A football tournament boosts hopes for peace in Yei, where residents still await the silencing of guns

Jubilant fans at the end of the game

Spectators follow the final match closely at the Yei Peace tournament

Spectators follow their teams closely

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26 Mar 2019

A football tournament boosts hopes for peace in Yei, where residents still await the silencing of guns

James Sokiri

Animated spectators cheered the players on, in the name of peace, as a tournament that has lit up Yei town for nearly two weeks came to an end on Sunday.

“I am so delighted because this game has brought our relatives, friends and different tribes from far and near together after a long time,” said Stella Ruba, a female football fan.

It was a do-or-die peace game played by Mission FC versus Hai Leben FC, with players from either club fully determined to break their legs to go away with a glittering trophy in the final game of the peace tournament sponsored, by the United Nations Mission in South Sudan, UNMISS.

Before long after the first whistle was blown, Hai Leben scored its first goal, drawing chants, ululations and cheers from its ecstatic fans. A few minutes later, Mission FC scored an equalizer, also sending a wave of thunderous jubilations as hundreds of fans cheered their players on.

By the end of the first half, the match was deadlocked at 1-1, but a determined Mission FC scored two additional goals in the second half, making it the winner of the long-awaited peace tournament, 3-1.

“I can see hundreds of children, youth, women and the elderly coming together, socializing, meeting, greeting and embracing each other as a true sign of peace,” said Winnie Tabu, another female fan whose team, Mission FC, won the peace tournament. “It has been six good years since I met some of my relatives, friends and former schoolmates,” she said.

Ms. Tabu is convinced the tournament was an avenue of promoting peace through social networking, entertainment, dance and togetherness.

“When I see thousands of people coming together like this, it gives me hope and encouragement that peace has really returned to Yei. We have been watching the football game peacefully: no quarreling, argument, fighting or insulting of one fan by another. This is a show of peace, unity and love within us,” concluded Ms. Tabu.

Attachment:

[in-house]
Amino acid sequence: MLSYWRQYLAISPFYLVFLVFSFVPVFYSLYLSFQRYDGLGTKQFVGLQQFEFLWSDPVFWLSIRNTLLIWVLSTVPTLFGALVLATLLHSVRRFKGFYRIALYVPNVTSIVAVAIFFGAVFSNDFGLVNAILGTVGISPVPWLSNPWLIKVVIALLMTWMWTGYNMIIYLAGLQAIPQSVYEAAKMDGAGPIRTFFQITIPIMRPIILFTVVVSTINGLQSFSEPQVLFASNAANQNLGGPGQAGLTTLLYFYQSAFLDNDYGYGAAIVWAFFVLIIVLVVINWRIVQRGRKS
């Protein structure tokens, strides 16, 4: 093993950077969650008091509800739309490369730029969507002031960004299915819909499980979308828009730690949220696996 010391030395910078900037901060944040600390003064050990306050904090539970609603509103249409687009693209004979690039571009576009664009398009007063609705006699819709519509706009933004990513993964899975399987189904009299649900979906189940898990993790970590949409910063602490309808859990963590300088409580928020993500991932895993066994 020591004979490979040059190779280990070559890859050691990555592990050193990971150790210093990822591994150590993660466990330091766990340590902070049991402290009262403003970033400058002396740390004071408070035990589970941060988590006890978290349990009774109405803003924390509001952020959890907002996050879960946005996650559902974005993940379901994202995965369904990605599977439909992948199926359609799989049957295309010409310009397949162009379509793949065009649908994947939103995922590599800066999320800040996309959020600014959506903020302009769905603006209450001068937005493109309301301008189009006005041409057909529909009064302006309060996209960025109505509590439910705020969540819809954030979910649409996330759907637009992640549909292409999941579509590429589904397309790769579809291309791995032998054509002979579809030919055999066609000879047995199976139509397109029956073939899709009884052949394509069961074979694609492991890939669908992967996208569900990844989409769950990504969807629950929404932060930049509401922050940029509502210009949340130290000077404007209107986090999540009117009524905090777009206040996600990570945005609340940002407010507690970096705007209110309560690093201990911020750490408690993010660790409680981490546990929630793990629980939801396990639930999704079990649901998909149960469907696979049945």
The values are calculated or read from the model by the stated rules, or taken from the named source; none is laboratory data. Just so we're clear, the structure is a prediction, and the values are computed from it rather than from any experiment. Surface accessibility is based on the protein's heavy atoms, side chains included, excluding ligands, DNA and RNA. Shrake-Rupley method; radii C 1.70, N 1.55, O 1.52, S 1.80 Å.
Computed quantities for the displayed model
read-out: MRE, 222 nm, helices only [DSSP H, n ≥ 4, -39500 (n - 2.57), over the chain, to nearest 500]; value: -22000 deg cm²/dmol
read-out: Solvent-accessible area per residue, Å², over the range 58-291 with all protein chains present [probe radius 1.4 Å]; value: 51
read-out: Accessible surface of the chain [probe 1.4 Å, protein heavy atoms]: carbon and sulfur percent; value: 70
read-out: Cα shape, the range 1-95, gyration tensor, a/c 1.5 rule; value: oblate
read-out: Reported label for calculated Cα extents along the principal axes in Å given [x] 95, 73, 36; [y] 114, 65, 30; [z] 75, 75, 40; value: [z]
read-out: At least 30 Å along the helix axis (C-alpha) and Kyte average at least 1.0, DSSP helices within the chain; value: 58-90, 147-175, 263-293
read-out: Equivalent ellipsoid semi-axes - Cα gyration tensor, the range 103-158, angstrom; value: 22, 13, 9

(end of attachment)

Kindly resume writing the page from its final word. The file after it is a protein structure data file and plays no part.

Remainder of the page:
She further encouraged all girls to pursue their education to become responsible citizens in the society, adding “If there is a future opportunity, I am appealing to the sponsors of this peace game to support sports clubs for women, too, to help advance gender parity.”

For Richard Moro Koffi, it was the first time that a team he supported was taking away a hard-worn glistening trophy.

“I am so, so happy that at long last, we are going home with a trophy. This has come as a surprise to me, as I least expected it. But now, I cannot explain my sincere delight, seeing my team succeed at a game like this,” he said, clearly relishing the moment.

But Benson Mokili Pastino, another excited fan, had his mind on the purpose of the tournament.

“Peace starts now,” he said. “We cannot expect peace to come from far away; it starts from within us through a game like this, so it is our role as citizens of this country to promote peace to encourage people to come back home and sustain our livelihoods.”

Arthur Beingana, a UN Human Rights Officer and Officer-in-Charge of the Organization’s peacekeeping base in Yei, said that such a gathering was a clear demonstration of the peacekeeping mission’s commitment to supporting the people of Yei to achieve durable peace and rebuild their lives.

“This is an avenue to communicate what the mission does, what we need to do to achieve lasting peace and what we can do to take stock of our needs to ensure that we can get out of conflict,” Mr. Beingana said, as he further advised the youth:

“Sporting activities do not only provide the youth with a platform of employment, but they also enable you to enjoy your rights to assemble, to associate and to bring to bear your needs to those who are able to support in a way that does not encourage violence.”

The UN official went ahead to urge unity as an important foundation for peace.

“Just as the players in the field contribute to scoring a goal for the team as a whole, all people of Yei should work together to achieve the collective good of achieving durable peace,” Mr. Beingana appealed.

The Yei River area Governor, Emmanuel Adil Anthony, was quick to utilize the occasion to build confidence within the community.

“Peace is what our people have been yearning for. Bad things have been said about Yei but today, we have seen that peace is here at home,” said Governor Adil, adding:

“We are partners and we are sending one message of peace to the community through activities which unite us like this. We need to put into practice now the peace we play, talk and sing about,” he said at the end of the football tournament, which kicked off on 15 March.